This year has truly been a festival of all sorts for me – From dancing the night away at Future Music Festival Asia in KL to getting lost in the enchanting wonders of the Singapore Garden Festival and watching an artsy film at the Design Film Festival; I have been very fortunate to be exposed to so many different forms of creativity and expression. Rounding up the series of festivals is one of Asia’s premier literary events, the annual Singapore Writers Festival 2014 (SWF). For the 17th installation, the organizing committee has invited some of the world’s most renowned authors and writers, including Pulitzer Prize-winning Irish poet Paul Muldoon, 3-time US Poet Laureate Robert Pinsky, American travel writer Paul Theroux and best-selling author and activist Naomi Wolf.
Themed as “The Prospect of Beauty”, this year’s 10-days long festival (31 Oct – 9 Nov) aims to celebrate and appreciate the beauty in writing and literature. The festival features over 250 events, ranging from free public events to panel discussions, poetry-cum-music readings, literary meals and more! Want to get more bang for your buck? Get the festival pass and enjoy entry to a wide variety of events, specially catered for the bookworm in you!
Singapore Writers Festival 2014
Festival Pass: $20
The first weekend at SWF has been so enriching in many ways. I was expecting nothing more than the usual educational talks, where you leave the event with a few key takeaways. However, I soon found out that I was constantly challenged to open my mind to different perspectives that were brought forth during the various panel discussions. Like most people, I love visuals and pictures because they are easy to process; but the power of words is very alluring and should not be under-estimated. Words have the ability to give room for the reader to cook up a figment of their own imagination through fiction. It allows you, as a reader, to escape from the doldrums of everyday life, immerse in another world and get lost in the books. This is probably also the reason why many people prefer the original books to movie adaptations because words, or a good story, allow the readers to come up with very vivid and original imagery in their minds. The only constraint that they have is the limitations of their imagination.
“There is something about words. In expert hands, manipulated deftly, they take you prisoner. Wind themselves around your limbs like spider silk, and when you are so enthralled you cannot move, they pierce your skin, enter your blood, numb your thoughts. Inside you they work their magic.”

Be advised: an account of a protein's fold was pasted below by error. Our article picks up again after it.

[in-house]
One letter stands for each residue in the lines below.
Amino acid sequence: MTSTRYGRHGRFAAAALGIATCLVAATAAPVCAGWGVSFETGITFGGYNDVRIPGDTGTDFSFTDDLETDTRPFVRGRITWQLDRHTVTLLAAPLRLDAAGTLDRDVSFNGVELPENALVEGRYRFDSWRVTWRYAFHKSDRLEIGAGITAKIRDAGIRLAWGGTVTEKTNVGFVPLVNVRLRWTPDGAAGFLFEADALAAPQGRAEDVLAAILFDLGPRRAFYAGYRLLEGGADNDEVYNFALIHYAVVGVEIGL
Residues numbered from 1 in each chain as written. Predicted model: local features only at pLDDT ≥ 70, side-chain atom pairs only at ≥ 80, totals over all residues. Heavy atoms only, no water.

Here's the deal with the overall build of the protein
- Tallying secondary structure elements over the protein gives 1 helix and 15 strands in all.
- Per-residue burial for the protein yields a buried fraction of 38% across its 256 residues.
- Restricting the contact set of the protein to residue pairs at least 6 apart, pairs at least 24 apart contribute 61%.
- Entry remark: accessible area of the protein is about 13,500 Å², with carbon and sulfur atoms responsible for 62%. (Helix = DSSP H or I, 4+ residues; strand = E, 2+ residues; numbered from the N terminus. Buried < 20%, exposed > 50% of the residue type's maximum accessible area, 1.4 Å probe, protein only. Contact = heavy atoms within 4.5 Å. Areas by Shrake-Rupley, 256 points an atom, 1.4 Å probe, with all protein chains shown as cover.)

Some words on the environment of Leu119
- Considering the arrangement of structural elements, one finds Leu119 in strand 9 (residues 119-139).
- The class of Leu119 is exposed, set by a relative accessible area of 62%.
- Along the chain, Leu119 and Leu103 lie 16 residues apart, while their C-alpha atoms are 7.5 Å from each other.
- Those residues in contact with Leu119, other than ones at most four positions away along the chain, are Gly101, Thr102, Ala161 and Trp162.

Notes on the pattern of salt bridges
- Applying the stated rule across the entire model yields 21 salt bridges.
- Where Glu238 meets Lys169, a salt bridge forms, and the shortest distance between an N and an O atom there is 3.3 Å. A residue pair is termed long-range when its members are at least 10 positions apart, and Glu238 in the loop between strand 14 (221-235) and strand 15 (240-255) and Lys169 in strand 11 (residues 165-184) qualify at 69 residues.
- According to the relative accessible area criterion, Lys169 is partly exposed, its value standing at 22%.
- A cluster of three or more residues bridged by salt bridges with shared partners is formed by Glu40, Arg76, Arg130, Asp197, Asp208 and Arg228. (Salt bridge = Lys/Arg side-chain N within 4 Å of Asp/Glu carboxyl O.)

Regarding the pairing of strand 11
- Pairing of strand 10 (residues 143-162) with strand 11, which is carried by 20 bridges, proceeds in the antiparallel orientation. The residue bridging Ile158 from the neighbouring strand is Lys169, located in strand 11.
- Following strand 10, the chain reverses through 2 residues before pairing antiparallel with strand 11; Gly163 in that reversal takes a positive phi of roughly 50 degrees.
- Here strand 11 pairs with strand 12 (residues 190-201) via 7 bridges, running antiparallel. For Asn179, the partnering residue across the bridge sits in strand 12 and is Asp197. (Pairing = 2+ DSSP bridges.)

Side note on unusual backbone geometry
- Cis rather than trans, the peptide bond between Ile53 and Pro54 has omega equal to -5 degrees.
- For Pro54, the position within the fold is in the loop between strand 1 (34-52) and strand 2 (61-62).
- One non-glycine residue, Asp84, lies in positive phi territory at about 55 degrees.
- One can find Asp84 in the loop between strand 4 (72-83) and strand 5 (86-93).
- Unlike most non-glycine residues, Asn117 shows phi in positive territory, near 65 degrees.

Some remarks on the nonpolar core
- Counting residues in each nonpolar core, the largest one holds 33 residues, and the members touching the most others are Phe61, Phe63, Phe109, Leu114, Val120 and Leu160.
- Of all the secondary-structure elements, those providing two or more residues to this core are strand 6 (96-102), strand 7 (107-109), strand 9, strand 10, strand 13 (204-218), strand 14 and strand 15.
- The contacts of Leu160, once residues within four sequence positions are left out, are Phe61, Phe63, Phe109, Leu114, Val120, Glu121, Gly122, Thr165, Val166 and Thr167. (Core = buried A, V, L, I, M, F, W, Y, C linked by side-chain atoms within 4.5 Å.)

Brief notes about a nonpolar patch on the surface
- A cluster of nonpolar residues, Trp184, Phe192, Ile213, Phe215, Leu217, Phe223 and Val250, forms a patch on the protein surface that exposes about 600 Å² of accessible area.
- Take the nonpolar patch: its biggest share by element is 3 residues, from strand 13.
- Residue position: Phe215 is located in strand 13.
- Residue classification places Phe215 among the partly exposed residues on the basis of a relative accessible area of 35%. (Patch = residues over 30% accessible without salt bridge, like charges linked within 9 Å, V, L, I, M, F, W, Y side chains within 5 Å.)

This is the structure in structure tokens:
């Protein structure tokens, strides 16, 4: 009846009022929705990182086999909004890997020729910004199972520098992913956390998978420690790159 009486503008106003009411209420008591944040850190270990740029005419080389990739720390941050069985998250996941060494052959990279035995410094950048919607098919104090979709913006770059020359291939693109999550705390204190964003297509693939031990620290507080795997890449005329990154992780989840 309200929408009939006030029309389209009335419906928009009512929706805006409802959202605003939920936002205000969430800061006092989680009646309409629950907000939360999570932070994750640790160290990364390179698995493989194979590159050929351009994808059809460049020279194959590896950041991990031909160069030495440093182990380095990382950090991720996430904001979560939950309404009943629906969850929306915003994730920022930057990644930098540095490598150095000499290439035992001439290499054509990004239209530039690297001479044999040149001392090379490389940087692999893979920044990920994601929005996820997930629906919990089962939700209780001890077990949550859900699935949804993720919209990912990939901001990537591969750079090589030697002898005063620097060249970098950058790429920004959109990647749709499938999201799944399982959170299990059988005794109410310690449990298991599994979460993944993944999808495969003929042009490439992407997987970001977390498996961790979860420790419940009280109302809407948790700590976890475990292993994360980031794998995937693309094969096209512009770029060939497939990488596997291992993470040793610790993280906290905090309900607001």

– Diane Setterfield
While the majority of the panel discussions revolve around hard-hitting and literary topics, those who are looking for something more light-hearted will not be disappointed. One of my favourite discussion, named “Story of My Life”, talked about the life experiences and stories that inspired the authors to pen their own memoirs. Put a diva and self-proclaimed bitch (Godfather of local fashion scene, Daniel Boey) and a no holds-barred theater director (Loretta Chen, who’s also 1 of my favourite (ex)boss) together in the same room and it’s almost a guarantee that there will be lots of candid and funny moments.
On the other hand, Sunday’s talks regarding humanitarian rights and the meaning of freedom in an oppressive country were much more serious and thought-provoking. Dr Mukesh Kapila, former head of the UN mission in Sudan, and human rights activist, Loung Ung, spoke about the need for them to confront global indifference about poverty and help break the silence of these people through words and stories. Loung Ung was so descriptive and intense in narrating her experiences of seeing her best friend’s brain blown off during an explosion that I found myself tearing uncontrollably. Then, it hit me – Just how moving and powerful words can be. I am not shy to admit that I have cried buckets over poignant films but this was one of the very rare times that I was tearing, based on the emotions evoked purely by words.
In “The Meaning of Freedom”, Loung Ung and North Korean defector Jang Jin-sung, shared about what it means to be “free” in their respective oppressive countries (Cambodia during the Khmer Rouge regime and North Korea). Living under a totalitarian dictatorship meant that they had no right to freedom (Freedom defined as having the power to act, speak, or think as one wants) and had to basically live a life that is dictated for them. Their sharing also reminded me to reflect on my own life, and be thankful that despite the many challenges that I might have faced, I am still very fortunate to have the freedom of expression and thought.